Dear parents, guardians, fee payers and sponsors of UCT students
In light of recent events at the University of Cape Town (UCT), I wanted to update you on the situation that has unfolded on our campus and spread into our communities – with staff, students, local schools and members of the public rising up to stand against sexual and gender-based violence in our country.
One of our first-year students, Uyinene ‘Nene’ Mrwetyana, was recently reported missing, having last been seen on Saturday, 24 August. On Wednesday, 28 August, the Executive Director for Student Affairs and I, accompanied by other university leaders, met with the Mrwetyana family to offer our support. In addition to the work being carried out by the South African Police Service (SAPS) and UCT’s Campus Protection Services (CPS), three private investigators were appointed by the family, Roscommon House and the university respectively.
On 2 September, we were unfortunately able to confirm that Nene had been killed in tragic circumstances. The death of this young female student was absolutely devastating and shocked the university community to the core. It is even more distressing that this is just one of many women in our communities, in our country, who have been violated in this manner.
The university executive remains deeply disturbed by the unacceptable levels of violence perpetuated against women and vulnerable and marginalised people in South Africa on a daily basis. This is the main driver behind the UCT gender-based violence campaign that has been running since July, urging us all to rise up and say #JustNO to sexual and gender-based violence.
A decision was made to suspend academic classes on Wednesday, 4 September, to allow students and staff to participate in protests against sexual and gender-based violence, and to attend the memorial events planned for Nene. On Wednesday morning, the staff and student picket at Parliament quickly swelled to over 3 000 people, calling on government to take decisive action against the scourge of sexual and gender-based violence in our country. At the memorial service for Nene on Wednesday afternoon, thousands of staff, students, friends and family gathered, dressed in black, to mourn her loss.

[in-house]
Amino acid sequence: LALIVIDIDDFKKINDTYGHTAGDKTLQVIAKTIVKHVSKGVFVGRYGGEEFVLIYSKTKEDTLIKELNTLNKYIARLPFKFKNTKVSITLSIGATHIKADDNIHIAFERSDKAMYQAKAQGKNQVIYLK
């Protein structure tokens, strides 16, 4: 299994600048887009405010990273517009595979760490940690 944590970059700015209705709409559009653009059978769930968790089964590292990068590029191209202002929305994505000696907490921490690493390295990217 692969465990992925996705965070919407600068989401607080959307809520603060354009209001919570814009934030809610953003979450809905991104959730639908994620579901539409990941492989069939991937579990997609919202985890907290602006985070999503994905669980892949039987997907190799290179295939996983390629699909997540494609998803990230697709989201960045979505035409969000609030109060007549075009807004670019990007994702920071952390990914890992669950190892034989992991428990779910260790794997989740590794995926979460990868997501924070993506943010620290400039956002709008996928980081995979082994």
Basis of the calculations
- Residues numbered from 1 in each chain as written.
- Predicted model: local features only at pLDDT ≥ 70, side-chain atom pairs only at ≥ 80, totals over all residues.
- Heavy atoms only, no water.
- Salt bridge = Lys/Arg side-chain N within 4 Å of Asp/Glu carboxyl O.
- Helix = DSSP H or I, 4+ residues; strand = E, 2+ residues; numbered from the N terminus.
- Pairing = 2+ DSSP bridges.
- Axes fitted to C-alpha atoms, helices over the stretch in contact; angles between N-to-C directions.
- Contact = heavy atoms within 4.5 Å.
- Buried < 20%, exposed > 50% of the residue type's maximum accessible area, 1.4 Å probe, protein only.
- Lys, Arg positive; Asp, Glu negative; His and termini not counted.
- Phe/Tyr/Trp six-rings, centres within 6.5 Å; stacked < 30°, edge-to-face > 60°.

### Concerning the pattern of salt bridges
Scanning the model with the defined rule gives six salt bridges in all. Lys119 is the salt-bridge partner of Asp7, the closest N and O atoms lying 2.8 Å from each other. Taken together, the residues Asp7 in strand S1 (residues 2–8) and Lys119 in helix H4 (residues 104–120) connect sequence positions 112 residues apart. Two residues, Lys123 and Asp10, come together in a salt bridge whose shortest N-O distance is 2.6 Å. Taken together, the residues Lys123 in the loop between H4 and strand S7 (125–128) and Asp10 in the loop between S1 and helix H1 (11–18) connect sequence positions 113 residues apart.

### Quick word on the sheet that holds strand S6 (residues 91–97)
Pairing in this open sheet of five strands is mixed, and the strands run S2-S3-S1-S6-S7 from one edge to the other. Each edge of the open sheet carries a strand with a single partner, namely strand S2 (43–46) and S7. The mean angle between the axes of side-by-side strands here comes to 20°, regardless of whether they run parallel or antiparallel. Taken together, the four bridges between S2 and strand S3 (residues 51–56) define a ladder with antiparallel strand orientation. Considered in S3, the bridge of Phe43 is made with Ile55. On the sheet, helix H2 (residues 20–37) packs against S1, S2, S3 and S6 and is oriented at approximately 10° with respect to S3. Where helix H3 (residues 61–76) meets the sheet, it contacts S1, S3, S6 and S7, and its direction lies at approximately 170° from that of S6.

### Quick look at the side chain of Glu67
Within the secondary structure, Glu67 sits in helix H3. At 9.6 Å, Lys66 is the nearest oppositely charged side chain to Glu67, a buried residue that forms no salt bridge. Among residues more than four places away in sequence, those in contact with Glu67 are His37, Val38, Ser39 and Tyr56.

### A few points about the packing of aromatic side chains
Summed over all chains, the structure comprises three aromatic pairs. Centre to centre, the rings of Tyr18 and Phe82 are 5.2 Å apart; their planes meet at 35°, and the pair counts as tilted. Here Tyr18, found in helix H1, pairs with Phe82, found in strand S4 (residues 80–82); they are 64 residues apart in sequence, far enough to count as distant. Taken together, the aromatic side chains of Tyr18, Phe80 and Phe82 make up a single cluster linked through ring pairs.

Classes have also been suspended for today, Thursday, 5 September, and Friday, 6 September, to allow staff and students the space to heal and to move forward. We recognise that Nene was a member of the greater UCT community and that many people in her residence, Roscommon House; in her classes; in her faculty; and in the wider UCT community have been profoundly affected by her death.
Students experiencing any distress have been encouraged to utilise the SADAG UCT Student Careline (0800 24 25 26 or SMS 31393 for a callback), which offers 24/7 telephonic counselling, referrals and general mental health support. The UCT Student Wellness Service has also made arrangements for individual and group debriefings for students, extending their hours of service to offer students proper access to care.
We live in a country where crime is a reality, and it does affect all of us, but the safety of students and staff remains the university’s highest priority. At the end of 2018 CPS totally reviewed all its operations with the assistance of an external security consultant. Recommendations were made on improving technology, physical security, human capital and creating awareness, and we started implementing these earlier this year, including upgrading our closed-circuit television (CCTV) cameras to improve surveillance.
Campus Protection Services (CPS) works closely with the South African Police Service (SAPS) to target certain crime categories, deploying CPS staff to focus on crime hotspots. We have also extended our partnership with the Groote Schuur Community Improvement District to secure the campus perimeter. Our ongoing crime-awareness campaign, which began in the middle of the year, highlights personal safety, personal property safety, vehicle safety, and more.
The CPS emergency number (021 650 2222/3) is printed on the back of every UCT identity card, and I want to encourage you, the parents, to call this number if you are ever concerned about the safety of your child on campus.
Many survivors feel incredible anger and have been let down by a legal system that should support and protect them. It is understandable that they turn to naming and shaming. Yet, this act is not legal and is inefficient in prosecuting the alleged perpetrator and achieving justice. We have urged students and staff to instead use the available channels to lay charges against alleged perpetrators so that due legal process is followed.
It is important that as a community we recognise the significance of this moment. We must use this opportunity to remember Nene and rise up against sexual and gender-based violence at our university, in our communities, and in this country.
We, as a community and as an executive team, were deeply touched and affected by the memorial and other activities that happened yesterday. Staff and students, many of whom are survivors of sexual and gender-based violence, stood side by side, mourning for Nene, themselves and for others. No doubt, some were seething with anger, but they were there, trying to make a difference, showing solidarity, eager to find solutions to this scourge that has beset our nation. There was a dignity to it that was befitting the moment and spoke volumes about a shared humanity.
It is our intention that all classes will resume on Monday next week.
Professor Mamokgethi Phakeng
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